Killer who stabbed 4 people 100 times gets life without parole
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A North Dakota man convicted of stabbing four people more than 100 times in a quadruple murder at a property management company in 2019 was sentenced Tuesday to four consecutive terms of life in prison without the possibility of parole.
The man, Chad Isaak, 47, maintained his innocence in a nearly 90-minute sentence in Mandan District Court in North Dakota, where relatives of the four victims told of the suffering they suffered. he inflicted in a series of murders that remain unexplained.
The victims were also shot with at least eight bullets in total. Their bodies were found on April 1, 2019 at RJR Maintenance & Management in Mandan, a town of about 20,000 people across the Missouri River from Bismarck, ND.
After a three-week trial, a jury found Mr. Isaak guilty in August of the murders of Robert Fakler, 52, a part-owner of the company; employees Adam Fuehrer, 42, and William Cobb Jr., 50, and his wife, Lois Cobb, 45.
The company had operated a mobile home property in Washburn, North Dakota where Mr. Isaak lived, although no motive for the murders had been established.
“Chad Isaak, you are a monster who deserves nothing more than to spend the rest of your life rotting in jail and thinking about the wrong you have done,” said Amy Cobb, Mr. Cobb’s daughter and Ms Cobb’s stepdaughter, in a statement that was read to court.
The statement was read by Jackie Fakler, Mr. Fakler’s widow, who told Mr. Isaak that she could not forgive him and “you made me hate”.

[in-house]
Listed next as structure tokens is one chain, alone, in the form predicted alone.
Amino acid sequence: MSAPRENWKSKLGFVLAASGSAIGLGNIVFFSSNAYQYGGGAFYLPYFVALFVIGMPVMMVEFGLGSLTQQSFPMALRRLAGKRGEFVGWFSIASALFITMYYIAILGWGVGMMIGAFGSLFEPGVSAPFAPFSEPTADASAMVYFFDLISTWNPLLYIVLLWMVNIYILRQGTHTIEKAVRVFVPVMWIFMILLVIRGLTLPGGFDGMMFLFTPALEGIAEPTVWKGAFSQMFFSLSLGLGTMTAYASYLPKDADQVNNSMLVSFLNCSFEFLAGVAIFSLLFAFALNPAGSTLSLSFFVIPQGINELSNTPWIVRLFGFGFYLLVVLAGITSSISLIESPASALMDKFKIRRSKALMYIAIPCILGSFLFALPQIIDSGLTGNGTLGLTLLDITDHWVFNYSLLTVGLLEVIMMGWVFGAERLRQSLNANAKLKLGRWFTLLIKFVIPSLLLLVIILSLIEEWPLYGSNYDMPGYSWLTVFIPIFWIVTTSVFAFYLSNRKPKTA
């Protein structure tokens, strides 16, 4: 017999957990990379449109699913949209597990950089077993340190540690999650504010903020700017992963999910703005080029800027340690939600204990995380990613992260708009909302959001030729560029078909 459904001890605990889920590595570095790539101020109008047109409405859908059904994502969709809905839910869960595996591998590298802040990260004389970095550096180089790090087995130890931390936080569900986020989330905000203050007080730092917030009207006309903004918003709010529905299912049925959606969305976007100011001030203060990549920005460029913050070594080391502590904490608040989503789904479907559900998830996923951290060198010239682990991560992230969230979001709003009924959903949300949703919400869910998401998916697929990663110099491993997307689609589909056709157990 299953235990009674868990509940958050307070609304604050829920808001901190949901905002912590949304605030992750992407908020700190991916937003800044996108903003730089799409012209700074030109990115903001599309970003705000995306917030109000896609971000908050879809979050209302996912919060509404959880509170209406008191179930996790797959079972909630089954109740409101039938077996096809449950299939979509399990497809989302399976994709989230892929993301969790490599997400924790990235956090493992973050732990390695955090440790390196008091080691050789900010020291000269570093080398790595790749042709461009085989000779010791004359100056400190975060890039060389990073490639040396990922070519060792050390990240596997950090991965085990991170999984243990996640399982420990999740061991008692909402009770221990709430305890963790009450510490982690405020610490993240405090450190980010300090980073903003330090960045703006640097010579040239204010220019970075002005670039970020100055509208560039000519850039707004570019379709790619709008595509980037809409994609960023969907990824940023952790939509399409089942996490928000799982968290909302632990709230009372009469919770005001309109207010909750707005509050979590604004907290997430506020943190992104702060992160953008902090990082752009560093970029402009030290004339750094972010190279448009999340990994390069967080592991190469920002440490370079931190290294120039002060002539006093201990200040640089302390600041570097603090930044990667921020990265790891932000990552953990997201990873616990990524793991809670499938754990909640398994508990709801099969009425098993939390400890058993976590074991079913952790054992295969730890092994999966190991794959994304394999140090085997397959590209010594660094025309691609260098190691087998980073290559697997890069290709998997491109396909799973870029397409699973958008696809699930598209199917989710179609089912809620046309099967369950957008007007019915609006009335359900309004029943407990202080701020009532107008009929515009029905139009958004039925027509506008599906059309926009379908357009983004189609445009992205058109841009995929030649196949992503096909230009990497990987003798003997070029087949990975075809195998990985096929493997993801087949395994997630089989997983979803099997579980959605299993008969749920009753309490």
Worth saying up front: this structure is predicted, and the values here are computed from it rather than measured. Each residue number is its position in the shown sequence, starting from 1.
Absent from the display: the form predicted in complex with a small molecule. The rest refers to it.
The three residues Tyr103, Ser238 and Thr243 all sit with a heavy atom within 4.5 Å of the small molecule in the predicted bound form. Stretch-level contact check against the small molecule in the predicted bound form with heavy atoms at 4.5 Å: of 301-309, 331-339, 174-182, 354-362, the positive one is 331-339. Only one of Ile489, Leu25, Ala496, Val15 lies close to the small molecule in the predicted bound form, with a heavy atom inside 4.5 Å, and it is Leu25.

Jamie Binstock, Mr Fakler’s daughter, also addressed Mr Isaak and said he would have to endure “lives of suffering”.
“You have lost entire lives and I hope you are having nightmares,” Ms. Binstock said. “My dad had beautiful blue eyes, and I hope they look at you in your dreams.”
Mr Isaak, a Navy veteran who worked as a chiropractor, showed little emotion as his lawyer urged the judge to consider making the life sentences concurrent instead of consecutive – and giving him the possibility of obtaining parole.
“I can honestly tell you that I am not a murderer, and that is all I have to say,” Mr. Isaak said in court.
Prosecutors said Isaak refused to cooperate with a pre-sentencing mental health assessment and that leaving open the possibility of parole would endanger the community.
“He did not show remorse,” Gabrielle Goter, an assistant to the public prosecutor, said on Tuesday. “This leads us to believe that he is capable of committing these same acts.”
Ms Goter said Mr Isaak waited for several of the victims and tried to clean up after the killings.
“There was absolutely no mercy,” Ms. Goter said. “There was no heat at the moment. It was premeditated, premeditated, and cold-blooded murder, Your Honor.
Jesse Walstad, an attorney for Mr. Isaak, on Tuesday expressed his condolences to relatives of the victims in court.
“Their trauma is heartbreaking and deep,” he said. “Without a doubt, their suffering is particularly acute at this time of year.”
But Mr. Walstad said the North Dakota Parole Board should have the final say on Mr. Isaak’s eligibility for release.
Mr Walstad also questioned Mr Isaak’s guilt, just as his client’s lawyers did in last summer’s trial, when they said investigators had not ruled out other possible suspects such as disgruntled tenants. He said “the questions remain unanswered”.
Judge David E. Reich, who also presided over Mr Isaak’s trial, said dozens of family members and friends of the victims had been “negatively affected” by the killings.
The judge said four consecutive life sentences were justified in recognition of each of the victims and drew applause after announcing his decision.
“When you talk about a just outcome and the possibility of redemption,” the judge said, “Mr. Isaak does not admit the crimes for which he was convicted and has shown no remorse in this case.
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